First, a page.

RIP Earl Weaver, The Irascible, Cigarette-Smoking Orioles Manager Who Was Moneyball Before "Moneyball" Existed

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Earl Weaver, who managed the Orioles for 15 seasons from 1968-1982 (and another two from 1985-1986) passed away on Friday night at the age 82. In 11 of his 17 seasons, the Orioles won 90 or more games, and in his first three at the helm he guided Baltimore to three World Series, one of which, the 1970 Series with the Reds, produced a title.


Weaver was known for sneaking cigarettes in the dugout, vigorously arguing with umpires (Weaver is second on the all-time manager ejections list with 98), and employing a managerial style that preceded and predicted some of the basic ideas of the Moneyball approach by some three decades. Weaver valued power, scoffed at speed, and called the the hit-and-run "the worst play in baseball." He wrote, in 1984's Weaver on Strategy,

The way to win is with pitching and three-run homers...The home run makes managing simple. Nothing can go wrong. The power of the home run is so elementary that I fail to comprehend why people try to outsmart the game in other ways. . . Forget about the bunt, unless there is no other choice. There are only three outs per inning. Give one away and you are making everything harder for yourself.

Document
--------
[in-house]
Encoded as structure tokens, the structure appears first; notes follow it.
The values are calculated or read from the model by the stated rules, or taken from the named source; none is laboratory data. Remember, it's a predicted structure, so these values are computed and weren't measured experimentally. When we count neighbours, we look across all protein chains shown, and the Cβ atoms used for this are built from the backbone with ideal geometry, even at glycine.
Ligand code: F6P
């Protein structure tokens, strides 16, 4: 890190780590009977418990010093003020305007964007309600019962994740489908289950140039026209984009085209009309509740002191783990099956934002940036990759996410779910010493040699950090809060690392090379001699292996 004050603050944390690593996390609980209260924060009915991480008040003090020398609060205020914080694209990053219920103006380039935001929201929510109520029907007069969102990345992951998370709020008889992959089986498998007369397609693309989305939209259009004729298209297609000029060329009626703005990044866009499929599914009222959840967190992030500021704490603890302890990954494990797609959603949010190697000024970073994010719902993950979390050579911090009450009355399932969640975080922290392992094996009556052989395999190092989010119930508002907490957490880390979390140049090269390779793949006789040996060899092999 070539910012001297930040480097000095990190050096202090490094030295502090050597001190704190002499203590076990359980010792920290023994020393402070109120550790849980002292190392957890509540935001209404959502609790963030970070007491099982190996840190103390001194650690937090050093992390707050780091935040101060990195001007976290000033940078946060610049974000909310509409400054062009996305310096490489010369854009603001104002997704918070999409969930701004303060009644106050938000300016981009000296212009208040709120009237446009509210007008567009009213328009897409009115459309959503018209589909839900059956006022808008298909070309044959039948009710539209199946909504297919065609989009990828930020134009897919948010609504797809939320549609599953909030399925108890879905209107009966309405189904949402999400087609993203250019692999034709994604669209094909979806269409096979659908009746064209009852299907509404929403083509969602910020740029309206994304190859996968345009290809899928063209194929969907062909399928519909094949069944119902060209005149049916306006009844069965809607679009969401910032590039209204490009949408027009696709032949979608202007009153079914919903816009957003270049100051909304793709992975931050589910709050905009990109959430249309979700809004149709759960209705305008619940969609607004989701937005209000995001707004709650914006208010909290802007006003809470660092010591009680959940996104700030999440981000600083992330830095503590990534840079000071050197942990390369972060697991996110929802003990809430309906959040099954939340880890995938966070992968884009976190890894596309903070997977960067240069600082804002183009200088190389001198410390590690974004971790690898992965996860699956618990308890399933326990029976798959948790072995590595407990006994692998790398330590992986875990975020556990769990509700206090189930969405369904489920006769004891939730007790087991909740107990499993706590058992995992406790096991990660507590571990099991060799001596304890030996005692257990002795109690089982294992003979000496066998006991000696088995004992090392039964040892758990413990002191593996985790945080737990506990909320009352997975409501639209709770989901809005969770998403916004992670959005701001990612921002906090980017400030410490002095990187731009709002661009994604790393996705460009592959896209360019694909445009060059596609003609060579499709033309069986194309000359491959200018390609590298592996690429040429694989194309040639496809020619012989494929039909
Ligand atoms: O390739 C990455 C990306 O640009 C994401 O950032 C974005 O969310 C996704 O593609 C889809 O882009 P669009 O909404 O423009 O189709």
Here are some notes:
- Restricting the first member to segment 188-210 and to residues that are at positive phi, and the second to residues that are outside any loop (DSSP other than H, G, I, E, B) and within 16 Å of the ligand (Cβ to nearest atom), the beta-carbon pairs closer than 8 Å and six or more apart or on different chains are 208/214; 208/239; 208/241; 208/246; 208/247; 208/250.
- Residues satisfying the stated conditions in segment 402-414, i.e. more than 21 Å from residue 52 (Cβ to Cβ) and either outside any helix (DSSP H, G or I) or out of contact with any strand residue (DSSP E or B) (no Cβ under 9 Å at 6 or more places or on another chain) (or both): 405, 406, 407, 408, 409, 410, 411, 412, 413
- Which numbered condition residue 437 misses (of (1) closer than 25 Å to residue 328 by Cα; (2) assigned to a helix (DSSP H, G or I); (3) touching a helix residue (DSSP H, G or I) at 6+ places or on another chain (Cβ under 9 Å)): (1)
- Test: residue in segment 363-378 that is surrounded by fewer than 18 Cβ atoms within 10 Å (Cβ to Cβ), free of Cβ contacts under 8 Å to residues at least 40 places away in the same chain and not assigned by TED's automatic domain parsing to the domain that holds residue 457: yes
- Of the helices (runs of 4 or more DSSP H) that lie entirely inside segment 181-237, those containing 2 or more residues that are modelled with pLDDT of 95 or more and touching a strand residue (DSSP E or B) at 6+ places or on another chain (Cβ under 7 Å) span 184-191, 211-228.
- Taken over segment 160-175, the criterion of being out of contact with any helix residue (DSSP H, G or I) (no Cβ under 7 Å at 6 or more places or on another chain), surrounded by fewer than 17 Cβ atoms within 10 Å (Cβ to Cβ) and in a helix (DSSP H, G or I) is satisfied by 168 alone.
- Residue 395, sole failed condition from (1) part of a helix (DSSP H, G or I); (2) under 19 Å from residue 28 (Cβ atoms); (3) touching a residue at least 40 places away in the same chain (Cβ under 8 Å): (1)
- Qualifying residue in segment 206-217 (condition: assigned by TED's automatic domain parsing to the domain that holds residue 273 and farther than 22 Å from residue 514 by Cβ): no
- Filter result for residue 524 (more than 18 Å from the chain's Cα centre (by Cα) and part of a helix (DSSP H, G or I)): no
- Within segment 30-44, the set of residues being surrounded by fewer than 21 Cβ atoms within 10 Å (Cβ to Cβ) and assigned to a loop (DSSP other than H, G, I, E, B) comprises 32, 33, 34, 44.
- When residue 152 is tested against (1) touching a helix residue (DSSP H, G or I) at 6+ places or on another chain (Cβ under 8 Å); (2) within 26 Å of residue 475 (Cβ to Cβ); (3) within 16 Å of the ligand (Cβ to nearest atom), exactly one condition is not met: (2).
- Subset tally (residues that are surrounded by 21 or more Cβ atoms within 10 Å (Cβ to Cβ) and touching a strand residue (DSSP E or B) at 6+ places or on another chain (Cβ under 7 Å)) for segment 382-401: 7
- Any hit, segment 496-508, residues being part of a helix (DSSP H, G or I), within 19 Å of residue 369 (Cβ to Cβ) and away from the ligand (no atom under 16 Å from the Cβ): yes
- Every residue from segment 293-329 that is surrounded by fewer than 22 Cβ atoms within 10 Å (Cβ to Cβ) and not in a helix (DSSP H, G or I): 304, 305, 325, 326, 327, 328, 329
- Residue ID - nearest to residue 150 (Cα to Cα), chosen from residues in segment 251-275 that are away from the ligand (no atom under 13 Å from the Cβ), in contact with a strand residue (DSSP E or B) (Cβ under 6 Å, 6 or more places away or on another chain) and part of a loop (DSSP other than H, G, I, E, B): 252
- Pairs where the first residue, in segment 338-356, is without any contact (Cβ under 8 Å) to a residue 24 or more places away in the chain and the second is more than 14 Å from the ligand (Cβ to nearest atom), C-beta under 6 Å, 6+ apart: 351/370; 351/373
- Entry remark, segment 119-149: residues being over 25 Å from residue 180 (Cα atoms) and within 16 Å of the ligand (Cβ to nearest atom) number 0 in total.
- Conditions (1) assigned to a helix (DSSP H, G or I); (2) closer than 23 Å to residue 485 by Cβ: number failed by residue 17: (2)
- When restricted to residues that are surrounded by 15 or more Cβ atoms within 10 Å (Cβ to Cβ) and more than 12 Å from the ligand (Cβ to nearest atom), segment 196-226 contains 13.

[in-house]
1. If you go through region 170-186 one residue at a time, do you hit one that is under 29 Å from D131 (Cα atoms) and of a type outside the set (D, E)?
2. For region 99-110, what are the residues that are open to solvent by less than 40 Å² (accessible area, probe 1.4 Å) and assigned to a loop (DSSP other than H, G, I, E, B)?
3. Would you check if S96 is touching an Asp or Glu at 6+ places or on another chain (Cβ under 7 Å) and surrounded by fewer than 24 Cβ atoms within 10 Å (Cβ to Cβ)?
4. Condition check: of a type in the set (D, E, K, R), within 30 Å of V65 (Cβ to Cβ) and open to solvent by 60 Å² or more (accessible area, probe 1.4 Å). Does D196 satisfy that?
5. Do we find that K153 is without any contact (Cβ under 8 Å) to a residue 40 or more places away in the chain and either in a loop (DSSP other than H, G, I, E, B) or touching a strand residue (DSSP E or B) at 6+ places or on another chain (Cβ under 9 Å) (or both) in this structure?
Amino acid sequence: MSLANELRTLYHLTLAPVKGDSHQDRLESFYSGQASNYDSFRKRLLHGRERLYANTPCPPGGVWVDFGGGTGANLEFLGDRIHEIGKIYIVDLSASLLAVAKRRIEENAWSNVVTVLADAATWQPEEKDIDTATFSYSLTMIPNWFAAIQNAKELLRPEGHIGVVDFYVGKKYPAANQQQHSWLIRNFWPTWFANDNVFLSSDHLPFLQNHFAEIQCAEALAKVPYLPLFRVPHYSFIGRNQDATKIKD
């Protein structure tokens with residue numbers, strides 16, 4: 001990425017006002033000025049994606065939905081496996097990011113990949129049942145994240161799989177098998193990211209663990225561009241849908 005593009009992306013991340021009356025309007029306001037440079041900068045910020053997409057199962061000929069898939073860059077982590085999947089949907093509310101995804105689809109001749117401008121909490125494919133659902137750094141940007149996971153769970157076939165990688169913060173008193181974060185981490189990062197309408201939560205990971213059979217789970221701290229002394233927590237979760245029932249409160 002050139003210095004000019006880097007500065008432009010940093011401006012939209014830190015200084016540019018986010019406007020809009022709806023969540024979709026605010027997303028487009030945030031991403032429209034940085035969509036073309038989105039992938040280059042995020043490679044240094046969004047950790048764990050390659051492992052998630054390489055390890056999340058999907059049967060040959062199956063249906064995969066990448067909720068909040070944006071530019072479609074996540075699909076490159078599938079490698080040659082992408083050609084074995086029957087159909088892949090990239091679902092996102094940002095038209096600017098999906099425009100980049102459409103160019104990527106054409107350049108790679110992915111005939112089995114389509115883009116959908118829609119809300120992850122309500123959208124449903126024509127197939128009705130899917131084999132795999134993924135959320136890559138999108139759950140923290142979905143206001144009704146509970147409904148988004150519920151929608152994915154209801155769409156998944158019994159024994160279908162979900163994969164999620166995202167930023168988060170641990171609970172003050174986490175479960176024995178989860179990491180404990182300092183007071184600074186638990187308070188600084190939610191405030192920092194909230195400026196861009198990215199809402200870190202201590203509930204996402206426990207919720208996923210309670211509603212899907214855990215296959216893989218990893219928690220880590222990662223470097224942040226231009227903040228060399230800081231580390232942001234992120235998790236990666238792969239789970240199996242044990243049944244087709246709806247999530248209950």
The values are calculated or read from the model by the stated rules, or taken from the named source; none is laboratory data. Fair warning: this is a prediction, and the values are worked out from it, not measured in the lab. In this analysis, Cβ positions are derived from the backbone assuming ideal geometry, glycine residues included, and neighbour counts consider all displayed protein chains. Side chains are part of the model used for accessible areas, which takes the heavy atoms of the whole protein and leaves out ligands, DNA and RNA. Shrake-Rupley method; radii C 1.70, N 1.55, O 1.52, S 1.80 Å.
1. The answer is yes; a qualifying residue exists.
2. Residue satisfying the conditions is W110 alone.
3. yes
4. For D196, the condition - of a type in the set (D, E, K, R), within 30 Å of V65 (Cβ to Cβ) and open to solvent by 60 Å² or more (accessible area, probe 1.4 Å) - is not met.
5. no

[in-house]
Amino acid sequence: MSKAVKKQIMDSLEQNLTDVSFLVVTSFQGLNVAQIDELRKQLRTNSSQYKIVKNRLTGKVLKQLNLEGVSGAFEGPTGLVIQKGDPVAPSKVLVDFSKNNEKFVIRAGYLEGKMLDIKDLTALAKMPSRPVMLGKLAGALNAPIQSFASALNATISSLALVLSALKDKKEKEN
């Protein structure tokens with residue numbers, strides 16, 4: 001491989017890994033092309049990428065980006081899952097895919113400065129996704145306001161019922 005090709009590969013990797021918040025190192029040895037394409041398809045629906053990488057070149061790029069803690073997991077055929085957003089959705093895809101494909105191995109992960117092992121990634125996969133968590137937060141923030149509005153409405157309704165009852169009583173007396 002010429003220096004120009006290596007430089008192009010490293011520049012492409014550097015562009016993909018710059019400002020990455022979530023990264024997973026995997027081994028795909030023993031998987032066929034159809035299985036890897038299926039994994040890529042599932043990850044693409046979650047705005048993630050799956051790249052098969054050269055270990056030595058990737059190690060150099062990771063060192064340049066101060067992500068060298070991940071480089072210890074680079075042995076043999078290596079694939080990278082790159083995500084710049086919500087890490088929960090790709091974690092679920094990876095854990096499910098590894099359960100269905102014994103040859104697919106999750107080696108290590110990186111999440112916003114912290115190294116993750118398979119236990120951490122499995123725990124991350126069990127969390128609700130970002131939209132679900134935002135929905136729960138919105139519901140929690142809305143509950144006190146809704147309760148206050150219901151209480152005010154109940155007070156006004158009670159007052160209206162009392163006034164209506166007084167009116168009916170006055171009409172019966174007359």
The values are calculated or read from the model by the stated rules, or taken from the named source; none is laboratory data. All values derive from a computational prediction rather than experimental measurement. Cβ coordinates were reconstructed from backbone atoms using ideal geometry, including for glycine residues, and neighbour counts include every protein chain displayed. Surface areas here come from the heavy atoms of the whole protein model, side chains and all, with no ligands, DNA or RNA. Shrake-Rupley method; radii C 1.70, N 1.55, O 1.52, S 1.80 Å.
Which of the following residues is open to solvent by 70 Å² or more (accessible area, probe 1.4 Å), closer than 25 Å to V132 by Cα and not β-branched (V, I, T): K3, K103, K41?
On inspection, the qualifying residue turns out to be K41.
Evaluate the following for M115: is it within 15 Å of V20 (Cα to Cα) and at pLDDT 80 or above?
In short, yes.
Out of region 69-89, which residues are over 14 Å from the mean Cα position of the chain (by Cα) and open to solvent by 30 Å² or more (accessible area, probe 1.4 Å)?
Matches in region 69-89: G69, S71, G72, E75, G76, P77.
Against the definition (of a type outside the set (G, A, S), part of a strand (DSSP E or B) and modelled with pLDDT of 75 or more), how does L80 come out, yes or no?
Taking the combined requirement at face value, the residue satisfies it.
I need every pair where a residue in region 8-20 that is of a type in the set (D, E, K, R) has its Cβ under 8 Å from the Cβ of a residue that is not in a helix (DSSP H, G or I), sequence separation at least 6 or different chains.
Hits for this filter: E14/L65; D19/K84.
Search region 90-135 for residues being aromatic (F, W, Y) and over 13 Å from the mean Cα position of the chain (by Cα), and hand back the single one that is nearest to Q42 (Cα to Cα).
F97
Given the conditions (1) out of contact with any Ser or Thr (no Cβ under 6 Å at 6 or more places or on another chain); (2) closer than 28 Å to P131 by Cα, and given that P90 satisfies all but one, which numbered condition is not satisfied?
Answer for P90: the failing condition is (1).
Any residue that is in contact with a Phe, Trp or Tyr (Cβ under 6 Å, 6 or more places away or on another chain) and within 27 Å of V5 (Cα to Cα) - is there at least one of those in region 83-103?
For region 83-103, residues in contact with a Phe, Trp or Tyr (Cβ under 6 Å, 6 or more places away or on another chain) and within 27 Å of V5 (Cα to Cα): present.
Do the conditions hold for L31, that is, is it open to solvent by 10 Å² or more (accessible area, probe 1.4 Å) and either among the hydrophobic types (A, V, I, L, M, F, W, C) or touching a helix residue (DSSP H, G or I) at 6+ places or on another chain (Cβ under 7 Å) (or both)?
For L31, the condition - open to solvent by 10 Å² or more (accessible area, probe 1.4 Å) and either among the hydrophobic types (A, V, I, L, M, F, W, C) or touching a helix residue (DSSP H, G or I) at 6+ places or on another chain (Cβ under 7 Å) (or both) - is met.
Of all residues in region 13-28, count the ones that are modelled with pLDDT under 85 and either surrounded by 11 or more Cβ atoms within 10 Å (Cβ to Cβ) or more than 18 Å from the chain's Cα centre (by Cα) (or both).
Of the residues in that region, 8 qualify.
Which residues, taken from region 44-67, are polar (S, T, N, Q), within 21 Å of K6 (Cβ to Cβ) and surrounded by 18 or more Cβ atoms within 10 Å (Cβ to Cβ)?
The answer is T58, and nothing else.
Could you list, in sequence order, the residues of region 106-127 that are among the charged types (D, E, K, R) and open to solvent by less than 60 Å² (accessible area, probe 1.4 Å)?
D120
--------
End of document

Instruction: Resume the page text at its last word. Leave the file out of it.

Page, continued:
Understanding risk/reward and the value of an out are now fundamental tenets of baseball's smart-set, but there was a time when Earl Weaver was revolutionizing the game by eschewing then dominant tactics that said to scrap for one run at a time. If you like contrarian sports strategy, heavy-hitters, or both, thank Earl Weaver for finding inefficiencies in baseball before it was cool, and never wavering.

Camden Yards unveiled a statue honoring Weaver in June of this year. At the ceremony, Weaver said of the larger-than-life cast, "Even LeBron [James] will have to look up to [the statue]. I guess there will be a lot of kids looking up at me, too, and saying, 'Who is this?' I just hope their dads and grandfathers have the statistics to show why I'm standing there." That day, Weaver jokingly asked that his tombstone read, "The sorest loser that ever lived."